Pakistan criticizes NATO airstrikes

Last Updated: Monday, September 27, 2010 | 2:10 PM ET

The Associated Press

Pakistan is criticizing NATO for launching a pair of deadly airstrikes on its territory, saying the cross-border strikes were a violation of its sovereignty.

As many as 50 militants were killed in the airstrikes, which were launched over the weekend after a group of insurgents attacked an Afghan security post in Khost province.

U.S. officials have said they have an agreement that allows aircraft to cross a few kilometres into Pakistani airspace if they are in hot pursuit of a target, but Pakistan denied Monday that such an agreement exists.

U.S. Capt. Ryan Donald, a spokesman for the NATO-led International Security Assistance Force in Afghanistan, said ISAF “maintains the right to self-defence, and that’s why they crossed the Pakistan border.”

Pakistan’s Foreign Affairs Ministry, however, said in a statement that the mandate of foreign troops in Afghanistan ends at the Afghan border, and the strikes were a violation of its sovereignty.

Pakistani intelligence officials also said two NATO helicopters carried out a third strike inside Pakistani territory on Monday morning, killing five militants and wounding nine others.

The strike occurred in the village of Mata Sanger in the Kurram tribal area, which is directly across the border from the Afghan provinces of Paktia and Nangarhar, said the officials, speaking on condition of anonymity because they were not authorized to talk to the media.

Donald, the NATO spokesman, said officials were still investigating and could not confirm or deny reports of the attack in Kurram.

U.S. Maj. Michael Johnson, another ISAF spokesman, said 49 militants were killed in the strikes launched over the weekend.

Abdul Hakim Ishaqzie, the provincial police chief in Khost, cited a higher death toll of around 60 militants. He said police at checkpoints at the border came under attack, engaged the militants in a gun battle and then called for help, prompting the helicopter strikes.

ISAF said no civilians were killed in the attack, but that could not be confirmed.

Insurgents routinely launch attacks into Afghanistan from Pakistan, and parts of the border also serve as a transport corridor for fighters, weapons and money.

“It’s viewed as a haven for the Taliban and al-Qaeda — but Pakistan is sensitive nonetheless about combat operations spilling over into its territory,” CBC’s Carolyn Dunn said.

The U.S. rarely uses manned aircraft to carry out strikes in North Waziristan and instead relies on drone attacks that American officials refuse to acknowledge publicly.

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  1. We’ve all read about teh close cooperation between China and Porkistan. But during Gen. Musharraf’s tenure, China revealed Pakistani terror camps – a massive disaster for Musharraf’s cover and a total embarrassment for America. China took out Pakistani President Musharraf’s cover forever. Pakistan all along has been deeply associated with training of the terrorists all around its international borders. China took the wind out of the Pakistani sails by saying that East Turkistan terrorists operating on its soil were actually trained in special camps in neighboring Pakistan. America’s ally Pakistan is now called a terrorist nation by China – Pakistan’s best sponsor of international activities.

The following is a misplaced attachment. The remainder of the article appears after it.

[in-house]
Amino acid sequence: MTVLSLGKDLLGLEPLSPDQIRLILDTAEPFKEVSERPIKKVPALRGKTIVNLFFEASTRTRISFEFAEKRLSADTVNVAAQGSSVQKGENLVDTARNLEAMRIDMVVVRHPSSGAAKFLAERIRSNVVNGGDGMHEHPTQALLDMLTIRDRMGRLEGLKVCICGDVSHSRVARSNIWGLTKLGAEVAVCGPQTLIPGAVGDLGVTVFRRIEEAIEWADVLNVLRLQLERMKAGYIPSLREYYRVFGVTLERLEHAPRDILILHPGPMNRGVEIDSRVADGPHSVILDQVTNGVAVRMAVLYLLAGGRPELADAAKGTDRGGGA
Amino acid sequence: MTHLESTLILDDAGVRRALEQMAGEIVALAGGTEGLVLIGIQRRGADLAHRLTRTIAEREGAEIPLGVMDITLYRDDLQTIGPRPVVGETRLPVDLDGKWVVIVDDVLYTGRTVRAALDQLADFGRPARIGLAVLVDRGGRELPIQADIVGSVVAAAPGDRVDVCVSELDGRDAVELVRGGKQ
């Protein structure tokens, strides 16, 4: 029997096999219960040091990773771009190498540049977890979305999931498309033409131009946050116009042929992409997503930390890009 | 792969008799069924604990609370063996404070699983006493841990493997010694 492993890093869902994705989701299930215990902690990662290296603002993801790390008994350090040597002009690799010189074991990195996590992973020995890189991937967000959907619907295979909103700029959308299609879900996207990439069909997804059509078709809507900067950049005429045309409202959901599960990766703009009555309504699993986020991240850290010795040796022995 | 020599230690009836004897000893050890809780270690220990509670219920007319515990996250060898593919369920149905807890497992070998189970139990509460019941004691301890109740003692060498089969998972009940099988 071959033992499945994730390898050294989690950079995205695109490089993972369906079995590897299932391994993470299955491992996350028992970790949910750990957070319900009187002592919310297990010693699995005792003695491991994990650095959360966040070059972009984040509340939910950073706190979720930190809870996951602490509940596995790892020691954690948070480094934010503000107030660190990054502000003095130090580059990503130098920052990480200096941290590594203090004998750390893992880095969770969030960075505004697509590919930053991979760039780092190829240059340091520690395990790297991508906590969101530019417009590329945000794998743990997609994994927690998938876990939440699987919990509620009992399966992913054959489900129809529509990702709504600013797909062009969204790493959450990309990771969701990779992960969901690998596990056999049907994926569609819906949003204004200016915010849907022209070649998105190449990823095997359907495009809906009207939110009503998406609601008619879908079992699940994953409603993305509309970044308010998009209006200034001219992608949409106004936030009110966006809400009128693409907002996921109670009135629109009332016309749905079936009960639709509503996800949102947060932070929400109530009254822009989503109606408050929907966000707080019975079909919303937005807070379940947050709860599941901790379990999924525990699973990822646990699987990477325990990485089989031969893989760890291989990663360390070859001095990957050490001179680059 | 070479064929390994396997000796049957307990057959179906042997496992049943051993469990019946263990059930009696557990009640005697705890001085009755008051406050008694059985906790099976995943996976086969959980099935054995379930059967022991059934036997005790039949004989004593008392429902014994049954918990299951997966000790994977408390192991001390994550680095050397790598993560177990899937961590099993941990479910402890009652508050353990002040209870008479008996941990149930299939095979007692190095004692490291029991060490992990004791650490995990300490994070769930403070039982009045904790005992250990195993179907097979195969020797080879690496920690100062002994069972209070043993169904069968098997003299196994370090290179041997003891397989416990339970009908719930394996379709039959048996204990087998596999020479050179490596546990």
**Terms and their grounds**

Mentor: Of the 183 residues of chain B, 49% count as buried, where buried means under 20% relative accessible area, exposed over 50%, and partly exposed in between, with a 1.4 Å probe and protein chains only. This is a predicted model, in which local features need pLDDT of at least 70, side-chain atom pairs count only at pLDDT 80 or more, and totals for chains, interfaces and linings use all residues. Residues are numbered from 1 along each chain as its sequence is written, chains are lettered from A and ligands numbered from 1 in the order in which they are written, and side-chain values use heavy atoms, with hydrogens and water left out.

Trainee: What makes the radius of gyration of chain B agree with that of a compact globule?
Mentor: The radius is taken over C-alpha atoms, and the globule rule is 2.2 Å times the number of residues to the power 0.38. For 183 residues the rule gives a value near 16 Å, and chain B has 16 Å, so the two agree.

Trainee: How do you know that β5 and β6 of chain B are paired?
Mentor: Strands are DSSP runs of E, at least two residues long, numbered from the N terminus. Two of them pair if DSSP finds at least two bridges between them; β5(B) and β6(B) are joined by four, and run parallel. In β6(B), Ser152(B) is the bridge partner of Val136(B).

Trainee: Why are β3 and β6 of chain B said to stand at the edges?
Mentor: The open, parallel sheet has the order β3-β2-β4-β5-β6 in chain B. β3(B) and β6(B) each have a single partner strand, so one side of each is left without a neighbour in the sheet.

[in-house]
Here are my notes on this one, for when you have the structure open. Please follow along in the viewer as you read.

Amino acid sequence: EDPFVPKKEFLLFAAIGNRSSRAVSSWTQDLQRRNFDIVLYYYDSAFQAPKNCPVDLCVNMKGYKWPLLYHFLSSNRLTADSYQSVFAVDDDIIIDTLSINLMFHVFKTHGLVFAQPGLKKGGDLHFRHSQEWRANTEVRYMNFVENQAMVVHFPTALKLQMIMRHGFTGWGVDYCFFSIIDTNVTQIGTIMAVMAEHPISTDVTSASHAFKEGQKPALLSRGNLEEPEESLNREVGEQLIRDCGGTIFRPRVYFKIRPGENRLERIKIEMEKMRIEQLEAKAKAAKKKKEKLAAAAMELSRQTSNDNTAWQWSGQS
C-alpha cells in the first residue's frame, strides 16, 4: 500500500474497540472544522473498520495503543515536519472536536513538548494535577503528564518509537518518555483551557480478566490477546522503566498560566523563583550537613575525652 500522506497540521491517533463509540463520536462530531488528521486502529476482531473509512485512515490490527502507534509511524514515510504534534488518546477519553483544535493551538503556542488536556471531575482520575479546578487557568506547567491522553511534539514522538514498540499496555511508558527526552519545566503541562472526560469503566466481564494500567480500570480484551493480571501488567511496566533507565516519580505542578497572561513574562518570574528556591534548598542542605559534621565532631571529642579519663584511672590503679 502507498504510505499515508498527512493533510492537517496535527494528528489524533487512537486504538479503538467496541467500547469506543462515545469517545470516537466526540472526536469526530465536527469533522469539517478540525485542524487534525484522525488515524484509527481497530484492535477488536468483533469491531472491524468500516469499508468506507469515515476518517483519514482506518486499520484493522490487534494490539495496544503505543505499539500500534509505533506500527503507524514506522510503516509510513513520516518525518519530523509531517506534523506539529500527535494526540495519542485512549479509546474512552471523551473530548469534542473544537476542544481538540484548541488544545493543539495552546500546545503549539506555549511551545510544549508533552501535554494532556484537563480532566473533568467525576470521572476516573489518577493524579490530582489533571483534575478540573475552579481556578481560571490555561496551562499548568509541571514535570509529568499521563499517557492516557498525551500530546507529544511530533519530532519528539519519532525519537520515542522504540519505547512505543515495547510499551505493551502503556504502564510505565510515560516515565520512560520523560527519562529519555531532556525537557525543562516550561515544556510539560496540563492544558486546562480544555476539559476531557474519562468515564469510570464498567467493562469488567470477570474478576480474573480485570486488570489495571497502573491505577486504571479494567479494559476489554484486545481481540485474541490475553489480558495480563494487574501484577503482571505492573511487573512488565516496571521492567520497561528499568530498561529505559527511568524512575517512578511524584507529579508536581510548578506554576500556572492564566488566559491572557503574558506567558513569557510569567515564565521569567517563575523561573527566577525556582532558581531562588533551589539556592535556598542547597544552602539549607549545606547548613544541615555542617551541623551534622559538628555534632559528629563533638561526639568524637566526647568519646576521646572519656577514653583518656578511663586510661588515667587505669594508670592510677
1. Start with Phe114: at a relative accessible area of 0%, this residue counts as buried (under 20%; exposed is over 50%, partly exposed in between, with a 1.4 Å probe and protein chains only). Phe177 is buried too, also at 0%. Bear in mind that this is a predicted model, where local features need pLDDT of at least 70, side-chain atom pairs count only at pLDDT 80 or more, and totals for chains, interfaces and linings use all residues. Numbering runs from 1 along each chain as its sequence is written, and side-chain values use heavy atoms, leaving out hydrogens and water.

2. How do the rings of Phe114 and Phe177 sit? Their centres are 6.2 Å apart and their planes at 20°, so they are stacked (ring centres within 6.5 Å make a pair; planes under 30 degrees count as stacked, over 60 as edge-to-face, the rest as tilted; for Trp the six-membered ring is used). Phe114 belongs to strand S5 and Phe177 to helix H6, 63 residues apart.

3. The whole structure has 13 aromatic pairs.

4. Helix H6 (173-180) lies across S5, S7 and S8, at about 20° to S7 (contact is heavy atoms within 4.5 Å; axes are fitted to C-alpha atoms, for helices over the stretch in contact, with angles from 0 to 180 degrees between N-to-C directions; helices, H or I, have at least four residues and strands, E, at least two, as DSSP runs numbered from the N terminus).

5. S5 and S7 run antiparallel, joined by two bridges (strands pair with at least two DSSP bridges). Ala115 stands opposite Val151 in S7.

The Taliban is the Pakistan Inter-Services Intelligence (ISI) creation. Pakistan’s madrassas are the incubators of muslim terrorists to be sent out to the world to “strike terror” in the hearts of men and make countries (read West) submit to islam.

    In an article: ANALYSIS: Youth and militancy —Dr Hasan-Askari Rizvi, it was pointed out

    “Friday sermons in a large number of mosques preach how the West is out to undermine the Muslims and the Islamic world. It is easy to get radical ideological inspiration in Pakistan because Islamic orthodoxy and militancy have seeped deep into Pakistan’s state system and society”

    Pakistan is experiencing the ‘youth bulge’. More than half of Pakistan’s population is under the age of 30, whose socialisation is heavily loaded with Islamic orthodoxy and militancy. Since the early 1980s the state pursued an agenda through education and the mass media to Islamise the state and society. Pakistan’s military and the intelligence agencies continued to patronise a religious hard line and militancy as an instrument of domestic and foreign policy towards Afghanistan and Indian-administered Kashmir.

    An Islamic and politically rightist mindset dominates the youth and post-youth generation in Pakistan. This mindset views Muslims and the Islamic world as victims of international conspiracies by the US and other western countries. They also think that Pakistan’s military action against the Taliban and other militants is not justified and it serves US interests. They strongly believe that there is a persistent international effort led by the US and India to undermine and destroy Pakistan and that Pakistan’s adversaries are not the Taliban. Islamists argue that the suicide attacks in Pakistan are undertaken either by the agents of foreign powers in the garb of the Taliban or, at times, the Taliban retaliate against Pakistan’s alignment with the US, or its military actions in the tribal areas.”

    So, there you are. Britain’s MI5 report that they have 4000 Taliban trained Pakistanis to blow up the isles. And Britain allowed it.
    Will Canada?

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